LONDON, June 30 (Reuters) - DE Master Blenders has increased the bank portion of a 7.6 billion euro-equivalent ($10.4 billion) loan being used to refinance debt and help fund a merger of its coffee business with that of Mondelez, banking sources said on Monday.
The final terms of the loan emerged on Monday, and show the Dutch tea and coffee company has moved to tap cheaper financing, the sources said.
The bank portion has been increased by 1 billion euros at the expense of the institutional fund piece, which will pay higher interest after pushback from institutional investors demanding better compensation, the sources added.
Master Blenders was not immediately available to comment.
Mondelez and Master Blenders announced in May that they would combine their coffee businesses into a new company called Jacobs Douwe Egberts (JDE). The deal, aimed at taking on market leader Nestle, will marry Mondelez’s grocery coffee brands such as Carte Noire and Gevalia with Master Blenders’ L‘OR, Pilao and Senseo brands.
As part of the deal, Mondelez will receive around $5 billion in cash, as well as a 49 percent equity stake in JDE.
A five-year pro-rata bank portion of Master Blenders’ loan now includes a 3.9 billion euro term loan A, which was initially launched at 2.9 billion euros, and a 500 million euro revolving credit facility. Both pay 300 basis points (bps) in interest.
The extra 1 billion euros will be in the form of a delayed draw term loan and will pay a commitment fee of 35 percent of the margin up to 180 days, 70 percent of the margin from 180-360 days and the full margin after 360 days, the sources said.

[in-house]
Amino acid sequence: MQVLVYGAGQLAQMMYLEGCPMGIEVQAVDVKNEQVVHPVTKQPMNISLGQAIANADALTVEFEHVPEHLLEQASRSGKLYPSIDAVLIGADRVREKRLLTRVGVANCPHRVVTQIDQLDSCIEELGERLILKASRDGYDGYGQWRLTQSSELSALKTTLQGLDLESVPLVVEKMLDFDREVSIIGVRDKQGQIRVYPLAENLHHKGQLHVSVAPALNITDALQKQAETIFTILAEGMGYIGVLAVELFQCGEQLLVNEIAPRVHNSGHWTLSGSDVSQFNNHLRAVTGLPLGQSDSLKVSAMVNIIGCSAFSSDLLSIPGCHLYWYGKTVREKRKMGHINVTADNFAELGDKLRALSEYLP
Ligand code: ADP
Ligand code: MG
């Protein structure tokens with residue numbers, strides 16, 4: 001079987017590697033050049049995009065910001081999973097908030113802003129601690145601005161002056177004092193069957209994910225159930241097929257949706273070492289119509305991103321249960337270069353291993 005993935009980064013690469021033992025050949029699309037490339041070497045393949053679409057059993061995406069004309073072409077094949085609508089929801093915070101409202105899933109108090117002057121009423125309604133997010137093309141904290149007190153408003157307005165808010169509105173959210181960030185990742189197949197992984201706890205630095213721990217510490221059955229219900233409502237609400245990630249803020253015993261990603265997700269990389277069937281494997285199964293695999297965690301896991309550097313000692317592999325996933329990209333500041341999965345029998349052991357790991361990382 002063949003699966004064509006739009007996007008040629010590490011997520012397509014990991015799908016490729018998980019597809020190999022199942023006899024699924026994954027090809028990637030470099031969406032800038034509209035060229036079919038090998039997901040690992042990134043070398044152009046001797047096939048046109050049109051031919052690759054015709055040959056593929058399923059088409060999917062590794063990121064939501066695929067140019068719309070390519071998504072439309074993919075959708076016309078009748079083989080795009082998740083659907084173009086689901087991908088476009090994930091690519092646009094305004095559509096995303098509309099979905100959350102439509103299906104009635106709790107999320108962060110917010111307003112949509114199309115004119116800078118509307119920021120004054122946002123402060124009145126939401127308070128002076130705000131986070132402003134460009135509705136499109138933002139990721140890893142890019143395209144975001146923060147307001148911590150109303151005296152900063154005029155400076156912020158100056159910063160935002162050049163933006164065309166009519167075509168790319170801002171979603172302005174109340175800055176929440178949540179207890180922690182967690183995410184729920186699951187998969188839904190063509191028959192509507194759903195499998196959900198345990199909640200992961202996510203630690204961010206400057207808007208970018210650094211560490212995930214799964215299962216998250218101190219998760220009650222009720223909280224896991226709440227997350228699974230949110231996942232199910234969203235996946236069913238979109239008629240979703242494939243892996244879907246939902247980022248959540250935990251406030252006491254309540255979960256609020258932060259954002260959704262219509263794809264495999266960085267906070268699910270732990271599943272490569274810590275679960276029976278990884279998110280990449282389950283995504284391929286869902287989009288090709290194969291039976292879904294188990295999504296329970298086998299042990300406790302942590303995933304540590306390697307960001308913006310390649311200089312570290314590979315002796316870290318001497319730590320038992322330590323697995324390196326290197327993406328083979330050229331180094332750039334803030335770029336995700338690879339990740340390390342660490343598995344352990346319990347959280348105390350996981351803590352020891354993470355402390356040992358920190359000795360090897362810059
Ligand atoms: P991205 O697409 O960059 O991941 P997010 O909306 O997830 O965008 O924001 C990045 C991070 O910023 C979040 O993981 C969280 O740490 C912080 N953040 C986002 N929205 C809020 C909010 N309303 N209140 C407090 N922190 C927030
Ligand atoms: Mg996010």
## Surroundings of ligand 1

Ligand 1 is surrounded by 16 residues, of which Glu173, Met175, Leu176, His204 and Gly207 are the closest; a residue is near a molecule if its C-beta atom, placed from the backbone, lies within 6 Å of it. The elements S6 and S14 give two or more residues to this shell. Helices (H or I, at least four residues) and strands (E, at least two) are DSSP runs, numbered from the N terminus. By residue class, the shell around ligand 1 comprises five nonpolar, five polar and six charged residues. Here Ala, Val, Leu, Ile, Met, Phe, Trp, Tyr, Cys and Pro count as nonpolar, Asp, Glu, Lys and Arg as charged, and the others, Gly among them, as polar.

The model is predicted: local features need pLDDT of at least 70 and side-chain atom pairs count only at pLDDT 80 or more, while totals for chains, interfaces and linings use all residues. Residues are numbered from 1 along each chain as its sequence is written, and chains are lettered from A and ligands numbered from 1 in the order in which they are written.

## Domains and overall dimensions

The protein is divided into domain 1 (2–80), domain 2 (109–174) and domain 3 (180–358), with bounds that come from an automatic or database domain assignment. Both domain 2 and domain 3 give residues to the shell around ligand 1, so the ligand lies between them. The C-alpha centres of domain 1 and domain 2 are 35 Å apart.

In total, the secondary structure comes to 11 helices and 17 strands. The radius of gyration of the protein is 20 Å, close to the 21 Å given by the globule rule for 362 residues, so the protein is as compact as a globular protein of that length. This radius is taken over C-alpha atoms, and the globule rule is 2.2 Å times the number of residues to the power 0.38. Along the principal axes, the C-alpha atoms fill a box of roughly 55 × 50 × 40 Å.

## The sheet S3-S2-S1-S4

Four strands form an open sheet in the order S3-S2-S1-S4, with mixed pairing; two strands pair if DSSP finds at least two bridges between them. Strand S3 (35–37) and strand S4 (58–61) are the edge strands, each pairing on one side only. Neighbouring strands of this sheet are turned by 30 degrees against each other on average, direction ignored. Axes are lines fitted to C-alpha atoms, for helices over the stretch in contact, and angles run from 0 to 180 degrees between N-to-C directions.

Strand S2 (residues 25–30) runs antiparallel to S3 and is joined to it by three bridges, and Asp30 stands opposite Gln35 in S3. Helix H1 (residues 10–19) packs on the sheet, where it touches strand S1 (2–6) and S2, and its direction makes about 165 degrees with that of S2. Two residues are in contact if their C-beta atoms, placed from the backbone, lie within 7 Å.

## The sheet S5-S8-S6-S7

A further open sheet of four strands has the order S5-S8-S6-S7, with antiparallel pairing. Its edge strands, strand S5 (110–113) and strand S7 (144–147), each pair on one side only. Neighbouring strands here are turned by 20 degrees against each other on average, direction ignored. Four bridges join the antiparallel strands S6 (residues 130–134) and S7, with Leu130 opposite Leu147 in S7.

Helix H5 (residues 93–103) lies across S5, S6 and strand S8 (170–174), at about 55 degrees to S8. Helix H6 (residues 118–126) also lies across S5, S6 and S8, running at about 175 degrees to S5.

The pro-rata piece, which is heavily oversubscribed and refinances a 3.3 billion euro leveraged loan that backed Joh A Benckiser’s (JAB) 7.5 billion euro acquisition of Master Blenders in 2013, was increased as it is cheaper than the fund portion.
The borrower is also partial to bank funding, preferring to leverage on established relationships and transparency of who holds the debt, the sources said.
A 4.2 billion euro-equivalent dual-currency term loan B (TLB), from institutional investors, has been reduced by 1 billion euros and now includes a 2.4 billion euro tranche and an 800 million euro, dollar-denominated tranche. The TLB was originally launched with a 3 billion euro tranche and a 1.2 billion euro, dollar denominated tranche, the sources said.
Pricing on the TLB increased to 350bp with a 98 original issue discount (OID) and a 75bp Euribor/Libor floor, which guarantees minimum returns for investors. Pricing was initially guided at 325bp with 98.5-99 OID and 75bp floor. Although European investors agreed to the deal at 325bp, U.S. investors wanted higher pricing, the sources said.
“The pro-rata portion was increased because it is cheaper for the borrower in terms of margin and the commitment fee is cheaper as well,” one of the sources said.
This is the second time the deal has been adjusted since launch after investors protested about delayed fee payments, prompting changes to the ticking fee offered on the TLB.
Bank of America Merrill Lynch, JP Morgan and Morgan Stanley have arranged the deal and institutional lenders have until July 1 to recommit to the TLB, with allocations due on July 2. Banks have until the end of the week to recommit to the pro-rata portion, which is due to allocate next week.
$1 = 0.7331 Euros Editing by Pravin Char